Next up, it has been widely speculated that Android 2.2 will finally activate the FM radio chips that lie silent in many of today’s popular Android phones. The same bundle of “experience” improvements, it is said, will also improve the accuracy of your phone’s touchscreen.

Cautious optimism

If you don’t own an HTC EVO 4G, Droid Incredible, Desire, Nexus One, Legend or Motorola Droid, it’s pretty unlikely that your carrier will ever work to bring Android 2.2 to your handset. Carriers like Verizon are already showing that older devices are on their last legs by retiring the Droid Eris this month.

Even if you are rocking one of Android’s newest phones, some patience will be needed. It takes time to design and test an OS upgrade that millions of users will depend on each and every day.


  1. Zanthian
    Zanthian Nice article. I am still carrying an HTC dream around. So hopefully cyanogen is able to get 2.2 running on it. Already running 2.1.
  2. Thrax
    Thrax I don't doubt that XDA-Devs will be working overtime to jam 2.2 onto older handsets, especially with an official implementation of Apps2SD in tow. Hell, Android 2.2's wildcrazy speed boosts are reason enough to put that puppy on any Android phone within arm's reach.

    We'll be running articles on doing just that for the major phones (Moment, Hero, G1, etc.) when that process is mature.
  3. AlexDeGruven
    AlexDeGruven Yeah, even if the OEMs don't put together official ROMs, the hacking community will be all over it.

    Some of the SDX people have been running JIT installs on the current crop of Moment 2.1 ROMs for some pretty impressive speed gains. Though the speed has been at the expense of stability. Things are getting better pretty quickly, though.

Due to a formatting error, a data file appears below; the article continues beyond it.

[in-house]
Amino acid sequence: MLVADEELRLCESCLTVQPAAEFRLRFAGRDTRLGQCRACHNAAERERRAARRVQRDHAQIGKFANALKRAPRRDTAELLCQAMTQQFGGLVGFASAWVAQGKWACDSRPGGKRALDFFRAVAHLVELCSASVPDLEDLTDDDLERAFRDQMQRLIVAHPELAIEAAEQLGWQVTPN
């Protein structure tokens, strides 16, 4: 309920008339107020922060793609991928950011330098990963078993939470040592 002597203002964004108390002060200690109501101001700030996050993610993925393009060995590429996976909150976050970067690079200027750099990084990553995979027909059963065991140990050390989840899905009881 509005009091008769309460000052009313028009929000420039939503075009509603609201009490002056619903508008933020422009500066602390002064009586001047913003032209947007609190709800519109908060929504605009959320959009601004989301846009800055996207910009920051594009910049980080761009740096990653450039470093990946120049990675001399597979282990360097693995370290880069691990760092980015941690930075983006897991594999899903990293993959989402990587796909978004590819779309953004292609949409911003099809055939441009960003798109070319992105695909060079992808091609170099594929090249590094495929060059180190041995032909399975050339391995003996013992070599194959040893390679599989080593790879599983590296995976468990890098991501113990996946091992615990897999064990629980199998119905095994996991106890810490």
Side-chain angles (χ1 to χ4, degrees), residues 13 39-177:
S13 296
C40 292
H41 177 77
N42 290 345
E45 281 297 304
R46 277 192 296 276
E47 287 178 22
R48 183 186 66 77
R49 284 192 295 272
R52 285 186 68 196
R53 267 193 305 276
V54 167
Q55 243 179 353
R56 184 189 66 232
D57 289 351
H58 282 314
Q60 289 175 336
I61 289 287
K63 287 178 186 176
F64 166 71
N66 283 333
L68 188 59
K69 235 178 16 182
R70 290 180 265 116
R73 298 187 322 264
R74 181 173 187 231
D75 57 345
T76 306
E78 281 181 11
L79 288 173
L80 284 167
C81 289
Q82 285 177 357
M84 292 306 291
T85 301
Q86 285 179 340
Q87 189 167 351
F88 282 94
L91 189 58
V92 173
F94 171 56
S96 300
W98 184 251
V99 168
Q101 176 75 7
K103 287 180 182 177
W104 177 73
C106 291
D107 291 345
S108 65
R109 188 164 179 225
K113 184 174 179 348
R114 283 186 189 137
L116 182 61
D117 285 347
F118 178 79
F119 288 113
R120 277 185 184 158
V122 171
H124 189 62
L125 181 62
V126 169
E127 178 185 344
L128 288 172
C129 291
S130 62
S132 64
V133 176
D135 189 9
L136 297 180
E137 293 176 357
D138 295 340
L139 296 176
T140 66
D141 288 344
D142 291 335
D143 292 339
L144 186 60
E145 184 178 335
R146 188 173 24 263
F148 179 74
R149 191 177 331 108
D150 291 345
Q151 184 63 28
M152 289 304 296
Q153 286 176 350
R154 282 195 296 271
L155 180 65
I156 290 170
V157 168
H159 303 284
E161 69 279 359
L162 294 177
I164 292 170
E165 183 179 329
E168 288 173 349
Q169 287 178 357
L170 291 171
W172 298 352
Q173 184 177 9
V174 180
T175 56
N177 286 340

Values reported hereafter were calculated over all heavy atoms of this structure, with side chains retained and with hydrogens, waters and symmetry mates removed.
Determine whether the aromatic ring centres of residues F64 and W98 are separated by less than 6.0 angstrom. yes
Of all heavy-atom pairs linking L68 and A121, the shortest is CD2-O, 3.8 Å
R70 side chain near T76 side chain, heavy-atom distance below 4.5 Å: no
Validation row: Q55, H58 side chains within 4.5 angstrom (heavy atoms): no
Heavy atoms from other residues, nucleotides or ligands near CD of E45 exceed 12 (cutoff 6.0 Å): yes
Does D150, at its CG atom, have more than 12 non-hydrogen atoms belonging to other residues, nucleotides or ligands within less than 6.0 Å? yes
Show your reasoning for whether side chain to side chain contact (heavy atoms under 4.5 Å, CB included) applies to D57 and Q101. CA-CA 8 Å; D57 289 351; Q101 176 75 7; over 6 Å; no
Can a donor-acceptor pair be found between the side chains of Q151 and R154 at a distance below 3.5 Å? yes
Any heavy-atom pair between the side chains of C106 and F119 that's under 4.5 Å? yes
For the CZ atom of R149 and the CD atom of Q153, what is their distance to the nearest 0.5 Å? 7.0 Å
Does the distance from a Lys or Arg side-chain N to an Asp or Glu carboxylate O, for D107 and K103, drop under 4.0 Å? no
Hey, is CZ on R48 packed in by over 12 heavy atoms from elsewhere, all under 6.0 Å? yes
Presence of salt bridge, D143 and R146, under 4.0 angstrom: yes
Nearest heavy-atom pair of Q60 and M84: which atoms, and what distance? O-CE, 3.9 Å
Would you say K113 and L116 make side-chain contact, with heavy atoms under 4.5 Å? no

4. Zanshin I wish people would caveat the Android Police report. Linpack is a terrible, terrible benchmark.

    It's a tight loop of calculations that's ideal for JIT. Real-world performance right now with the JIT that's been in Eclair runs about 1.5x faster.

    I'd expect an average of 2.5X faster with an optimized JIT.

    450% is creating expectations that will blow up in someone's face. Remember, readers aren't technical enough to know linpack's failure as a benchmark.

    Cyanogen and Koush have both posted in the Cyanogen forums cautioning people using linpack and suggesting the development of a real-world benchmark.
  5. Ratnok, Denver, CO @Zanshin- great point. Even so, 2.5X faster is still awesome. Especially on snapdragons!
  6. Hooty Let's not forget that the Nexus One also has a FM transmitter. How about enabling that feature?
  7. QCH
    QCH I'll take a 100% improvement on my Motorola Cliq... Of course I'm STILL waiting on Android 2.1. :(
  8. Snarkasm
    Snarkasm Hooty, 2.2 should also bring with it native support for FM radio hardware in devices that have it now. HTC implemented their own solution on the Desire, but 2.2 will give that ability to all Android devices, regardless of OEM or Android implementation.
  9. jon Will it have divx?
  10. Gambot Will it run Crysis?
  11. Michael James Swan Loving the Android POV. I have not got an Android Phone yet but I am highly tempted to get one now.

    I currently have an Iphone 3GS and I hate that Flash is not supported. I was thinking about the Ipad but with no Flash, it's a no go zone.
  12. Shiva As a new Motorola Droid user who is still wowed by what it can do, I am happily waiting for this firmware upgrade. Love getting wowed!
  13. Gargoyle
  14. melevin
    Thrax wrote:
    I don't doubt that XDA-Devs will be working overtime to jam 2.2 onto older handsets, especially with an official implementation of Apps2SD in tow. Hell, Android 2.2's wildcrazy speed boosts are reason enough to put that puppy on any Android phone within arm's reach.

    We'll be running articles on doing just that for the major phones (Moment, Hero, G1, etc.) when that process is mature.

    Quote :
    From - Top Gun movie; I feel the need for speed.
    Go Froyo on the G1.